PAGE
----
United Kingdom: The same old trap of the EU referendum
3 July 2012
Talking of a referendum on Britain’s EU membership is a classic feature of the country’s politics. But by abiding to it, Prime Minister David Cameron put himself under more pressure from his Eurosceptic allies with no political gain.
Trouble in the European Union invariably spells trouble for the British government, whatever its political complexion. And the crisis over the euro provides a graphic example.
By highlighting an abiding flaw in the thinking behind the single currency – the impossibility of imposing financial discipline across so many disparate national economies – the euro crisis has allowed Britain's dedicated band of Eurosceptics to say "I told you so". What is more, the obvious solution – closer fiscal union – could have knock-on effects that threaten the pre-eminence of the City of London, handing the Eurosceptic tendency a campaigning opportunity it has not hesitated to seize.
[The Eurosceptic former Defence secretary] Liam Fox's speech to the Taxpayers' Alliance was just the latest salvo from a wing of the Conservative Party that is trying to take out its frustrations with the constraints of coalition by making common cause with a resurgent Ukip. The clamour is now mounting for a referendum – though precisely on what is unclear: the nature of the relationship with the EU or whether to leave? So far, it has to be said, so predictable – and so dispiriting.
Rising to the bait
Still more dispiriting, however, is the way that the Prime Minister has so unwisely risen to the referendum bait. Until recently, he and the Chancellor had managed, more or less credibly, to argue that it was right for the UK to be outside the euro, but in British interests for the euro to succeed.
This was not the simplest message to get across, but nor was it the hardest: the difficulties of the euro inevitably harm the UK economy, and the euro's failure would make the damage infinitely worse. Mr Cameron should have kept to this message and ignored the calls for a referendum; he could always blame the Liberal Democrats if he needed an alibi.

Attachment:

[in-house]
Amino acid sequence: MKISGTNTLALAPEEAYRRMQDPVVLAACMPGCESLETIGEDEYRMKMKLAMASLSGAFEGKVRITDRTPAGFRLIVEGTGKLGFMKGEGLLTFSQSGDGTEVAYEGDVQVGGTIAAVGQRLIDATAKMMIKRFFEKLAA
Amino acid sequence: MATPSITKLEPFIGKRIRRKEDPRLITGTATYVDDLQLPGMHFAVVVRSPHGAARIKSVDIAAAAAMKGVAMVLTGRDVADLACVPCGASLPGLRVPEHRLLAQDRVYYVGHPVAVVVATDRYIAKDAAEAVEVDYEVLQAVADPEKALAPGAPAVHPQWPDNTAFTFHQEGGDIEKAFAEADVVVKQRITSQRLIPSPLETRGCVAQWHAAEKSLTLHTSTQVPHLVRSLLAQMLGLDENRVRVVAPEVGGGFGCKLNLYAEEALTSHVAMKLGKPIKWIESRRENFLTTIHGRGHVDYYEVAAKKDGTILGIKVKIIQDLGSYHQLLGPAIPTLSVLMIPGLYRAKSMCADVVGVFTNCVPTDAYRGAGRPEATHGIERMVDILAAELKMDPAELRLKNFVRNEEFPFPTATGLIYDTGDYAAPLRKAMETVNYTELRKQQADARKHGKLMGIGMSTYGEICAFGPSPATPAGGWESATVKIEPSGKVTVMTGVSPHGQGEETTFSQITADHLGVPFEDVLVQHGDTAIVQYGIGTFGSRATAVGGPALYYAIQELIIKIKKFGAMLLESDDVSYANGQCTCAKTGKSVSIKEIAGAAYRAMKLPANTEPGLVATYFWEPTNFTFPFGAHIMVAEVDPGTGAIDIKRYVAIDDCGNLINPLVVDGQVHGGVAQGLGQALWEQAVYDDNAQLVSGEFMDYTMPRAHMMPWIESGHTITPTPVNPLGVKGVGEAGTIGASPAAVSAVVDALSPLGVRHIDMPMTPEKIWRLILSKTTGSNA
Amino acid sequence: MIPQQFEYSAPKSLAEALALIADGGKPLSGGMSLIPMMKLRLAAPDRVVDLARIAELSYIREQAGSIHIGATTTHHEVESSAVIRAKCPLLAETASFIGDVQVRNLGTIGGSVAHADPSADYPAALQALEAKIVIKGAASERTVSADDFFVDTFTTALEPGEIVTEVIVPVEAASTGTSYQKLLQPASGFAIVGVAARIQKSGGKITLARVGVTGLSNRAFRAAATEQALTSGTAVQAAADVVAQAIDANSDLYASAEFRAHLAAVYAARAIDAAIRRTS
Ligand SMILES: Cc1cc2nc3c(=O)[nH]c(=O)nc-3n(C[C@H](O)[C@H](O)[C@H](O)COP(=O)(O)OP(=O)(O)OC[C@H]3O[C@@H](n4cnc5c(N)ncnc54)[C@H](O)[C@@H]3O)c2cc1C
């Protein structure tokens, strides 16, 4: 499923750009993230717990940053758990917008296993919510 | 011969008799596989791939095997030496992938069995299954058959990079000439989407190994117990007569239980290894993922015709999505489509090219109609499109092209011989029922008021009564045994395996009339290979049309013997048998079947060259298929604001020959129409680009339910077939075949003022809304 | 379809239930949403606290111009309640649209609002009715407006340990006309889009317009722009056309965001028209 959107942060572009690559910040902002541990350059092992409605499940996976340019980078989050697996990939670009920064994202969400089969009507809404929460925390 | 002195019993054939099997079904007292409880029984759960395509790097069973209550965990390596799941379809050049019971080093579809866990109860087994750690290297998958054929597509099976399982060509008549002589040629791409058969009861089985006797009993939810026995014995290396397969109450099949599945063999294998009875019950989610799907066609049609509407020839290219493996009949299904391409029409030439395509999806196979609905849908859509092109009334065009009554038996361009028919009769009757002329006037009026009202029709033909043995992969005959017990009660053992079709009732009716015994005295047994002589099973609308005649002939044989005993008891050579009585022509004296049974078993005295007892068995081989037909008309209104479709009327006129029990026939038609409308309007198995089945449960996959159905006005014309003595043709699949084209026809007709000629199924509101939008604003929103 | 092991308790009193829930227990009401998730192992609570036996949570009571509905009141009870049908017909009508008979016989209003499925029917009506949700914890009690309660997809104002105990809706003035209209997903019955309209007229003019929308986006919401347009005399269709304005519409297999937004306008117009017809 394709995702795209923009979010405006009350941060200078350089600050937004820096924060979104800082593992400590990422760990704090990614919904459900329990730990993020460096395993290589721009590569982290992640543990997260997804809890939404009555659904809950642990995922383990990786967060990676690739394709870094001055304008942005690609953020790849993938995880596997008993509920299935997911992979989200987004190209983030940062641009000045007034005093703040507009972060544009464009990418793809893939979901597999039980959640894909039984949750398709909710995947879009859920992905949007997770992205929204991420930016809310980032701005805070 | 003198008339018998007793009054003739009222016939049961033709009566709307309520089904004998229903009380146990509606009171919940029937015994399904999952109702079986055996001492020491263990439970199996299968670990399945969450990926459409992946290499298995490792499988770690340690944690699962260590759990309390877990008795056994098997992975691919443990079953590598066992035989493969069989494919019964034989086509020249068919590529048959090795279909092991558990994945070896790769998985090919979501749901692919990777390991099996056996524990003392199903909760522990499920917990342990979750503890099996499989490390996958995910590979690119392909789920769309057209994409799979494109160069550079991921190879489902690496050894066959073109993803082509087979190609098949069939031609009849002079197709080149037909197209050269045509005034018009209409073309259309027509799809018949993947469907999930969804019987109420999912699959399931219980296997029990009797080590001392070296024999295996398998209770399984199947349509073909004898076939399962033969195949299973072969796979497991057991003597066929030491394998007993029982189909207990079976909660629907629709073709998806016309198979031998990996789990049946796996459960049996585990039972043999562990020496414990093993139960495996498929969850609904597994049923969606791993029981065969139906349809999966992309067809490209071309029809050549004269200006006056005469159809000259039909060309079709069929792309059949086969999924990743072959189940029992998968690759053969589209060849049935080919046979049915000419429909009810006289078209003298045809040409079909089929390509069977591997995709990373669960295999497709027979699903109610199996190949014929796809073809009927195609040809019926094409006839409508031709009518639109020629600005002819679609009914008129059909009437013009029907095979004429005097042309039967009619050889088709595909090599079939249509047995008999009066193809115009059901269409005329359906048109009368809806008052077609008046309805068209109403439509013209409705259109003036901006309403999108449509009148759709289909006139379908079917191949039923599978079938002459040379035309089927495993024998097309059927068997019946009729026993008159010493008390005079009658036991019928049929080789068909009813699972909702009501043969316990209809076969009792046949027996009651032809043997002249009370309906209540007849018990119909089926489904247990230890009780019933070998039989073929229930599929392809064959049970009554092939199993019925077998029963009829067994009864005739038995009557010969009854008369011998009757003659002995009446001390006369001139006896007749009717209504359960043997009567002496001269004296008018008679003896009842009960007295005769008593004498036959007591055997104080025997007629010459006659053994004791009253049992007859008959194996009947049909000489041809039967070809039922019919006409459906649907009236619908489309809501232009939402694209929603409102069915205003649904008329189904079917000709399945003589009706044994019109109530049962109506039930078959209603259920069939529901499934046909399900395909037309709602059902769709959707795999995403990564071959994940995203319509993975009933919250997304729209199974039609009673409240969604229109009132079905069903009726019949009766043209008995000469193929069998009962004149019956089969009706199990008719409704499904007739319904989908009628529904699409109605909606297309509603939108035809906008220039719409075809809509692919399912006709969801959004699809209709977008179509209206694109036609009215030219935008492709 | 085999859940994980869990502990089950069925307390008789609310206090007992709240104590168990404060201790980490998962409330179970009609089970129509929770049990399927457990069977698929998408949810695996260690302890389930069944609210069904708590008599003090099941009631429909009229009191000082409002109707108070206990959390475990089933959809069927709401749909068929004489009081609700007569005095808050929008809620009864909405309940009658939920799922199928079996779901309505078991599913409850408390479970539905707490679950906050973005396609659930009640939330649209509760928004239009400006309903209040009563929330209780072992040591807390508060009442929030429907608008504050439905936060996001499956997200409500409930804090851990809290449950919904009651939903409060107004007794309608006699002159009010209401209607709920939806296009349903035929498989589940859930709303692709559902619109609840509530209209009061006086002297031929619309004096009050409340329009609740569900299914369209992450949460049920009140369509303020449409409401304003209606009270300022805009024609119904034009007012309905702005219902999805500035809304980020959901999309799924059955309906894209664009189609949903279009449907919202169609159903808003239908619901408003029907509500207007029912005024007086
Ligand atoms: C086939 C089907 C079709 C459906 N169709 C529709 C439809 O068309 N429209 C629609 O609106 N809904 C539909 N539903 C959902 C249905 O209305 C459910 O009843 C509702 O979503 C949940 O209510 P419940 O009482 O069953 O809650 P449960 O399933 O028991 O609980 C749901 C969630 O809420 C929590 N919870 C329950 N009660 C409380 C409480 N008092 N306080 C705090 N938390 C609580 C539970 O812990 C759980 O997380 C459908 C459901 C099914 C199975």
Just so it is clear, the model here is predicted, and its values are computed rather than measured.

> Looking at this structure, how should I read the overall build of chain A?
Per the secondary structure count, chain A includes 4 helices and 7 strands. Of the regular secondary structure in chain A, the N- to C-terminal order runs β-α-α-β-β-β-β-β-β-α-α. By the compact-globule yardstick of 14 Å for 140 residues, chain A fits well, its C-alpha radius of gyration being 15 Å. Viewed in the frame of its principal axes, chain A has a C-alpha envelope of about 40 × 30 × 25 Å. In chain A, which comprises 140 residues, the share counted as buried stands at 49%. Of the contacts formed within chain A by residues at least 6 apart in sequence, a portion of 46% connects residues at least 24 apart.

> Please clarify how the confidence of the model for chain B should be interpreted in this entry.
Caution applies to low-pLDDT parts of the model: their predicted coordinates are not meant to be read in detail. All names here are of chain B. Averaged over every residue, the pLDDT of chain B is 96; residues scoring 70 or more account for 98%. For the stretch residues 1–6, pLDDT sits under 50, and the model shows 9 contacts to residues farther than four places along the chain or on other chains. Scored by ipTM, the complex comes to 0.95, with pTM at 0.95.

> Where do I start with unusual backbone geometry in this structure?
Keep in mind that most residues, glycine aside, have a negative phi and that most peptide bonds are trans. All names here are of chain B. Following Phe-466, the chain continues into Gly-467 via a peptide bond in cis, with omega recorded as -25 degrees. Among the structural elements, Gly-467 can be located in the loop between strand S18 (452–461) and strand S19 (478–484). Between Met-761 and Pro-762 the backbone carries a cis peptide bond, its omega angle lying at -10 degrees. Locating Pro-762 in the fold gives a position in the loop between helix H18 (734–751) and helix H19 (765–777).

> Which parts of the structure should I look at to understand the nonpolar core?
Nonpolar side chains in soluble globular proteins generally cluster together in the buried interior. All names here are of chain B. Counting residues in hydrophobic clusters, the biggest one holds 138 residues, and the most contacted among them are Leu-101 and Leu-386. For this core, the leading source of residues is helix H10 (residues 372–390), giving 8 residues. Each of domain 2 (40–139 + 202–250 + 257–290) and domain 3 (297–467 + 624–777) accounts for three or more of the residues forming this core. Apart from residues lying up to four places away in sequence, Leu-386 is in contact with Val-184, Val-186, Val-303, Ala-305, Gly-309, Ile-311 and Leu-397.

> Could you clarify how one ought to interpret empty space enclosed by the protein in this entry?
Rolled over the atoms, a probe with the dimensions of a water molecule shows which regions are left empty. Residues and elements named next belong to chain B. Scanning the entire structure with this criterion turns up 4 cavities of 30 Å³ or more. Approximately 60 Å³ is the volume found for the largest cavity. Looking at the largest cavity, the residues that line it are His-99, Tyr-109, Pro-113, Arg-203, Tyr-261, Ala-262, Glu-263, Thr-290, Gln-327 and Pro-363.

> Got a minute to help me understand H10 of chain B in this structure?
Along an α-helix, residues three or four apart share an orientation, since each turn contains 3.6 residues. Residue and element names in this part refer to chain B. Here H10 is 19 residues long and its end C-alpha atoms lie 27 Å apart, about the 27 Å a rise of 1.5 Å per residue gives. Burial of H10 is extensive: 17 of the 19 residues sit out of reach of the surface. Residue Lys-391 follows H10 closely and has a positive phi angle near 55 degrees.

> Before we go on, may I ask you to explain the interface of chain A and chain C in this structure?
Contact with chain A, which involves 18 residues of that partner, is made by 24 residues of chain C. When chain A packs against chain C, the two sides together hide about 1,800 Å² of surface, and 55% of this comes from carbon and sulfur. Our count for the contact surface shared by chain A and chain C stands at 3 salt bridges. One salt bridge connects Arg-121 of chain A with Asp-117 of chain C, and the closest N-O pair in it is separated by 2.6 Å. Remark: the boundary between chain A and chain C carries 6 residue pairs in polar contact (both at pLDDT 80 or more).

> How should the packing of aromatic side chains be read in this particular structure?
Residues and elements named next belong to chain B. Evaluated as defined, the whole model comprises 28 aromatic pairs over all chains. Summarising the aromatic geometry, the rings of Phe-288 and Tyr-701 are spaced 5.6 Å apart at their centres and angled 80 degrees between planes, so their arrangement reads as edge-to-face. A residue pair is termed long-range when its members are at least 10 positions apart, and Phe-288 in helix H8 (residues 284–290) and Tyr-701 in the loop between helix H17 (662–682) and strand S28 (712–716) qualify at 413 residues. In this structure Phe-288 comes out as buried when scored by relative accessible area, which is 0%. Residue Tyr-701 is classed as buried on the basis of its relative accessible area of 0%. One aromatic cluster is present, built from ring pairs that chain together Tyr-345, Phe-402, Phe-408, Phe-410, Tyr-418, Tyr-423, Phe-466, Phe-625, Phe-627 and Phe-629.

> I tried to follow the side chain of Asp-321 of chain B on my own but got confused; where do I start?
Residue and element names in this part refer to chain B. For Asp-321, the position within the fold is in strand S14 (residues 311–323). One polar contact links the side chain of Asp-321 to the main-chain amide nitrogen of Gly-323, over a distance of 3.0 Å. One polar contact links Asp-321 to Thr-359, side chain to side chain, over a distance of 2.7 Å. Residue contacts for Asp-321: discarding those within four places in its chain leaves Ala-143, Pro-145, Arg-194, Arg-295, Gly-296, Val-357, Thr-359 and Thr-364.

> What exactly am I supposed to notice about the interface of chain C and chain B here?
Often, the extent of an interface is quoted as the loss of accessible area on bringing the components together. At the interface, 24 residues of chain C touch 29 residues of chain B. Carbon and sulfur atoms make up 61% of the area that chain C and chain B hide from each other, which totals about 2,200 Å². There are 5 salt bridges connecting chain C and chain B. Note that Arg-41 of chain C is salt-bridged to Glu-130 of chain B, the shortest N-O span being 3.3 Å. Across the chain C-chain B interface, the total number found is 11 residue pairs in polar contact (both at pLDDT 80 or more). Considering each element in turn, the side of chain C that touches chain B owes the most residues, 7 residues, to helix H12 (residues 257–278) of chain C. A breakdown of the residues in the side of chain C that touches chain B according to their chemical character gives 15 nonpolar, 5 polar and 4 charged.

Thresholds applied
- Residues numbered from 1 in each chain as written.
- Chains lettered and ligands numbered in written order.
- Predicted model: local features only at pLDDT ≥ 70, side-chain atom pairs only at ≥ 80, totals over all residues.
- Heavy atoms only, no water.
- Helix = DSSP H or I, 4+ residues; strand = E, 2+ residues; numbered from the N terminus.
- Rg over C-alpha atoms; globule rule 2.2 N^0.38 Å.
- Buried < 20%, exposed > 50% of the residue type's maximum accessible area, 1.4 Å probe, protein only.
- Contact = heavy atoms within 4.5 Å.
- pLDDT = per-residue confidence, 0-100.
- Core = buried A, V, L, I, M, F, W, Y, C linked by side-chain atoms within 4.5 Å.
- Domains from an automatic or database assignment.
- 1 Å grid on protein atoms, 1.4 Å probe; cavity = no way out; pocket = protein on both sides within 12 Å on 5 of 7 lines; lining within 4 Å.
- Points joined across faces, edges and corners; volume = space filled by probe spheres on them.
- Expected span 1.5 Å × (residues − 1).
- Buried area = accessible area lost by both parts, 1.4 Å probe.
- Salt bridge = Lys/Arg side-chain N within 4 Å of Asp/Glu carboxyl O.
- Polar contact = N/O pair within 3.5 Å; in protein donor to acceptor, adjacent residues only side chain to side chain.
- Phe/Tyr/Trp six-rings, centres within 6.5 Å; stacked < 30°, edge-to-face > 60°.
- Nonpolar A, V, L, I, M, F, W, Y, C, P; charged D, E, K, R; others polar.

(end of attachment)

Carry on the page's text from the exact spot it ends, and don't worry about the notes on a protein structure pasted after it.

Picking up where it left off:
Appearing to treat with those who want a referendum, as Mr Cameron did in The Sunday Telegraph, does not silence their demand, it rather encourages them to repeat it more loudly, then take umbrage when it turns out that nothing has changed. And this is what happened. What Eurosceptics took from Mr Cameron's article was that he was open to holding a referendum on Europe, even though that statement, like many others, was gnomic in the extreme. What he actually said was that he was "not against referendums on Europe", but not that he was explicitly in favour.
The Prime Minister was clearer about his opposition to "the earliest possible in/out referendum", but he stopped short of excluding such a prospect altogether. The cumulative effect was to raise referendum hopes among those opposed to membership of the EU only a couple of days after he had appeared to dash them in Brussels. To the impression of weakness in the face of a Eurosceptic advance was thus added political incoherence. Nor did Mr Cameron do much to clear things up in his Commons appearance.
The Prime Minister should know how rash concessions to his party's Eurosceptics can come back to haunt him. In honouring his pledge to take Conservative MEPs out of that parliament's centre-right bloc, he shocked his natural allies in Europe and undermined British influence. And by breathing hot and cold on a referendum, he will only raise further doubts in Europe about his, and Britain's, commitment.
A Prime Minister with a respectable majority has the luxury of remaining aloof from factionalism in his party, and that applies still more if he is in coalition.
The euro crisis is serious enough in itself, without Mr Cameron allowing himself to be bounced into making it a British political drama, too.